I watched a little girl almost run out into traffic today.
I was across the street from her, and cars were whizzing by. Her older brother was waiting patiently, but I guess she couldn’t. Thankfully, her mother was paying attention because she grabbed her at the last second. I could hear her mother call her name loudly and then when the street cleared, I heard her mother sweetly say, “now, we have to wait to cross the street, ok?”
And that was all wrong.
Okay, I quite literally live in fear of being scolded. I avoid conflict like it’s the plague. I honestly say “yes” to people just so I won’t have to disappoint them. And to be yelled at? That makes me want to crawl out of my skin. I’d burn all my living possessions if it kept me from being yelled at (honestly. Down to my toothbrush). But that experience today made me realize something. People don’t yell at you to make you feel bad. They yell at you so that you understand, and you make a memory of fear so you don’t do it again.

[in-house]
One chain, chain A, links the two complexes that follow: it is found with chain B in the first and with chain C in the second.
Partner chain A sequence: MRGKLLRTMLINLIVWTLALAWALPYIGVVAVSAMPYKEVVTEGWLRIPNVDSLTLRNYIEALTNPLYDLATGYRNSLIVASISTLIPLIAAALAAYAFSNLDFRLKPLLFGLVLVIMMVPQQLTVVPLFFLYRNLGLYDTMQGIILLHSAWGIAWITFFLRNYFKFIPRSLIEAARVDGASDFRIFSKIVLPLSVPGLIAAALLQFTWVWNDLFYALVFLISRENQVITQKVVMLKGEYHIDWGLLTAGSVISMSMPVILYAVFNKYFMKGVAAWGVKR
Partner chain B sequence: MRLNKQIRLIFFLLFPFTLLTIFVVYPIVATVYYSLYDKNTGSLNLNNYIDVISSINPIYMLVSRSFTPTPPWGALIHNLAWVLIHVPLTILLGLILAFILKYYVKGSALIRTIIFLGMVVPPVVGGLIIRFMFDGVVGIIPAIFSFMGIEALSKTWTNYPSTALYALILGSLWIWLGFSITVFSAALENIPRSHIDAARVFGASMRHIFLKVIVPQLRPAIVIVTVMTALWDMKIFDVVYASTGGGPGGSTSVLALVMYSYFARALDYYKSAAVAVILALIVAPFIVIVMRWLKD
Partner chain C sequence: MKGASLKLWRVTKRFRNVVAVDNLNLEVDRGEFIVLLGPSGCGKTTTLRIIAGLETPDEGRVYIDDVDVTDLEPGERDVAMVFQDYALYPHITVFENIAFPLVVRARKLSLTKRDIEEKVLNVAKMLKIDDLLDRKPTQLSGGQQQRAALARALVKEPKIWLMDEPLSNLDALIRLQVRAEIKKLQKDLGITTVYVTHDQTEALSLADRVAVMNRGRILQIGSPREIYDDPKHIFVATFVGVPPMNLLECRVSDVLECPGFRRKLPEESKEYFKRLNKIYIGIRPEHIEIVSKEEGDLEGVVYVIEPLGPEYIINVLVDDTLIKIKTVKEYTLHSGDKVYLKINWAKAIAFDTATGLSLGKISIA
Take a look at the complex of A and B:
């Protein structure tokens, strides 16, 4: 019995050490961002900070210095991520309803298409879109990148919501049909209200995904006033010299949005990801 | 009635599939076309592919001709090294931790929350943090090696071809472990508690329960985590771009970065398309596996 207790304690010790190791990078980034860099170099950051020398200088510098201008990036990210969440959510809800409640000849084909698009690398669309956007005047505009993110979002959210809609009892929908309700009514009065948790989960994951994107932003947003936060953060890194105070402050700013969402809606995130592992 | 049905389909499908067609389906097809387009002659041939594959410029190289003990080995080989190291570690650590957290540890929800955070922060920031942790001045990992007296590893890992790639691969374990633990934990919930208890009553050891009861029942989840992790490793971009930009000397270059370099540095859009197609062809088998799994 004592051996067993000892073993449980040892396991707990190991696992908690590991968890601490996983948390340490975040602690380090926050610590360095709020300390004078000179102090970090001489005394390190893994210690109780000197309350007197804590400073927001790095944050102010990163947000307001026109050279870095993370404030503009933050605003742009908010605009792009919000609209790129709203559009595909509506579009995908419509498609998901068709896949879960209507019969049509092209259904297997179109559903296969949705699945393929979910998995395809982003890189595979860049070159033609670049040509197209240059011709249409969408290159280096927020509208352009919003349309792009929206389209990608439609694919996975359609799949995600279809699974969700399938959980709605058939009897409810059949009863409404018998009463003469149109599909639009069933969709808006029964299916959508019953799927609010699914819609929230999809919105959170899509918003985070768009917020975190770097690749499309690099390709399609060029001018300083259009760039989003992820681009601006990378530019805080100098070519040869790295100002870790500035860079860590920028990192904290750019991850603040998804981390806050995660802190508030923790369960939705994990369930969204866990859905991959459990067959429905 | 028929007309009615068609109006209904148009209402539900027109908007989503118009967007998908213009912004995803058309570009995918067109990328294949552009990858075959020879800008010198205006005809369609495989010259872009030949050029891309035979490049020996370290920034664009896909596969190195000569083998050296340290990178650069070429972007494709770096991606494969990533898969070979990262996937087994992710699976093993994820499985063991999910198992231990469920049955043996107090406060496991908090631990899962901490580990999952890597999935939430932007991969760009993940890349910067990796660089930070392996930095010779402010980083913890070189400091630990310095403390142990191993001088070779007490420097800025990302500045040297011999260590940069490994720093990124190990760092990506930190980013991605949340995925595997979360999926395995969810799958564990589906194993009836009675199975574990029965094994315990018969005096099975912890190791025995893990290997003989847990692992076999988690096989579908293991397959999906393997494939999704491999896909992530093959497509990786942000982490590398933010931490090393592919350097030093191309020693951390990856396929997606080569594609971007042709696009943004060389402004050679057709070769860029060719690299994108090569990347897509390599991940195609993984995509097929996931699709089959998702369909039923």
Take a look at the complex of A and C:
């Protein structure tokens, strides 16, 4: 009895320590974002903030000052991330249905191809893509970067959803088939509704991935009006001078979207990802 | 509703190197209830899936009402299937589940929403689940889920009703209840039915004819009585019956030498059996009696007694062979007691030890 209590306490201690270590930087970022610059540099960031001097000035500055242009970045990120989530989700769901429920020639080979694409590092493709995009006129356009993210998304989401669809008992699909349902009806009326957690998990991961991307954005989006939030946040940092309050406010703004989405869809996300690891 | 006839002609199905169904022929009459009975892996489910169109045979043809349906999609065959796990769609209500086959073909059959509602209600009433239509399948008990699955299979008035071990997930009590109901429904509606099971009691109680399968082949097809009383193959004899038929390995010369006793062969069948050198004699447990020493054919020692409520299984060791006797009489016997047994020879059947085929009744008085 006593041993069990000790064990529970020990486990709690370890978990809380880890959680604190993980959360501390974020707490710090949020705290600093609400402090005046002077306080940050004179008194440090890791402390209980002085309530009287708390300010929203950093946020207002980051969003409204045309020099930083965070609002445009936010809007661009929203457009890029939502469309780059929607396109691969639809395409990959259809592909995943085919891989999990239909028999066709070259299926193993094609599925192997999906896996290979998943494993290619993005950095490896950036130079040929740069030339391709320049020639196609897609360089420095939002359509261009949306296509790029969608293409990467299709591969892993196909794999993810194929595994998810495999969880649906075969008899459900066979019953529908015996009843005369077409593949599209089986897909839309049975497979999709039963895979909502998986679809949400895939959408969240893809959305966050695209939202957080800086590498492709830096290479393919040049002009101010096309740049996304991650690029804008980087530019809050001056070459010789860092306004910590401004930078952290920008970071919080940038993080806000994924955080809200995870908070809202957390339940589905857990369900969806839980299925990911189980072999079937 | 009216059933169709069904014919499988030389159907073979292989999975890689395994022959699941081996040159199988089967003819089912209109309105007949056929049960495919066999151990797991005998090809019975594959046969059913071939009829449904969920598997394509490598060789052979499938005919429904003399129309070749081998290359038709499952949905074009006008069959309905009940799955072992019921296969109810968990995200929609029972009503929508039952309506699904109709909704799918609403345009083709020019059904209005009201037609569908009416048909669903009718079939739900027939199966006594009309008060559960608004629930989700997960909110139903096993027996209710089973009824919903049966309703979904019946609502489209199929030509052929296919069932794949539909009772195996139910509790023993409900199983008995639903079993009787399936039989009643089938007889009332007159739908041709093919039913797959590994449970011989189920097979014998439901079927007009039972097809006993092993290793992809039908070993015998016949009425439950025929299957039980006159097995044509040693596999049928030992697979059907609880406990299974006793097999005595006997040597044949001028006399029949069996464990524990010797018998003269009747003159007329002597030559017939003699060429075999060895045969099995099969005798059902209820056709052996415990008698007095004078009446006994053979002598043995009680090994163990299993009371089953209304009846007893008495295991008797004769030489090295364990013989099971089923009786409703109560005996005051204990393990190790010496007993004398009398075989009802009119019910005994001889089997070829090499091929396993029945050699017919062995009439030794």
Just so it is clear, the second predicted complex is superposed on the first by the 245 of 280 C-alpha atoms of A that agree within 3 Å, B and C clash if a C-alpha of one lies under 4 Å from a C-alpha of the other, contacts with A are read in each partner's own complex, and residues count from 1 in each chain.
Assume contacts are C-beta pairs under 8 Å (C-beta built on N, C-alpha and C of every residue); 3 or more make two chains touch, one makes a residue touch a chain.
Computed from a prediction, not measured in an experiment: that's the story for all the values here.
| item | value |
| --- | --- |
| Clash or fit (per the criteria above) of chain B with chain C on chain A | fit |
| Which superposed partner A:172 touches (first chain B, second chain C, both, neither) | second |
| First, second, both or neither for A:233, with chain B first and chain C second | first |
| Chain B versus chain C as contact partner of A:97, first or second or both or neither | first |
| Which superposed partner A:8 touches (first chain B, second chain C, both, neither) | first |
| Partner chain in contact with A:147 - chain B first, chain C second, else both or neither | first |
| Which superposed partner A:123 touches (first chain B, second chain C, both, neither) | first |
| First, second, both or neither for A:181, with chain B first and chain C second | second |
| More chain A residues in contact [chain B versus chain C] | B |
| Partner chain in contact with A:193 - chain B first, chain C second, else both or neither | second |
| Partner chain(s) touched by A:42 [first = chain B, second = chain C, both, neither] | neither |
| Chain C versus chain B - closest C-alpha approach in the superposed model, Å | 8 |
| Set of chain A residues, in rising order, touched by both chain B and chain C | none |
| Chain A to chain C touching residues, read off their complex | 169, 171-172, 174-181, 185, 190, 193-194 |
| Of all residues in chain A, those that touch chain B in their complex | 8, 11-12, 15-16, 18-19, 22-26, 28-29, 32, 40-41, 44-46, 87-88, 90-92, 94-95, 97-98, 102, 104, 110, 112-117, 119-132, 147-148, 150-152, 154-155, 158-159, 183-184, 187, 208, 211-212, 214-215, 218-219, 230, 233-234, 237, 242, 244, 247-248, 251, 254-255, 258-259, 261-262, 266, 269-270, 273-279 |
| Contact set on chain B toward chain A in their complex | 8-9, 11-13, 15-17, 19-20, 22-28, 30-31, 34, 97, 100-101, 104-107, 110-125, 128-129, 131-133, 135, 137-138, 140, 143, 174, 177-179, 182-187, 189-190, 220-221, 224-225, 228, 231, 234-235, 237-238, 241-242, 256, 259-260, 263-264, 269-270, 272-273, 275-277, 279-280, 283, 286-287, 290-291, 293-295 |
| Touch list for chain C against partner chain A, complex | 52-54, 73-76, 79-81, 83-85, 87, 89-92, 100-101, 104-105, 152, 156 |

That mom was setting herself up to just have her daughter run into the street again because she wasn’t making it clear that that was the wrong thing to do. She was telling her it was OK, not with her words, but with her tone.
I understand now that people yell at you so that you don’t make the same mistake. Which is much, much more important than having your feelings hurt. Especially when traffic is involved.
I realized today that sometimes, raising your voice is the best way to be heard.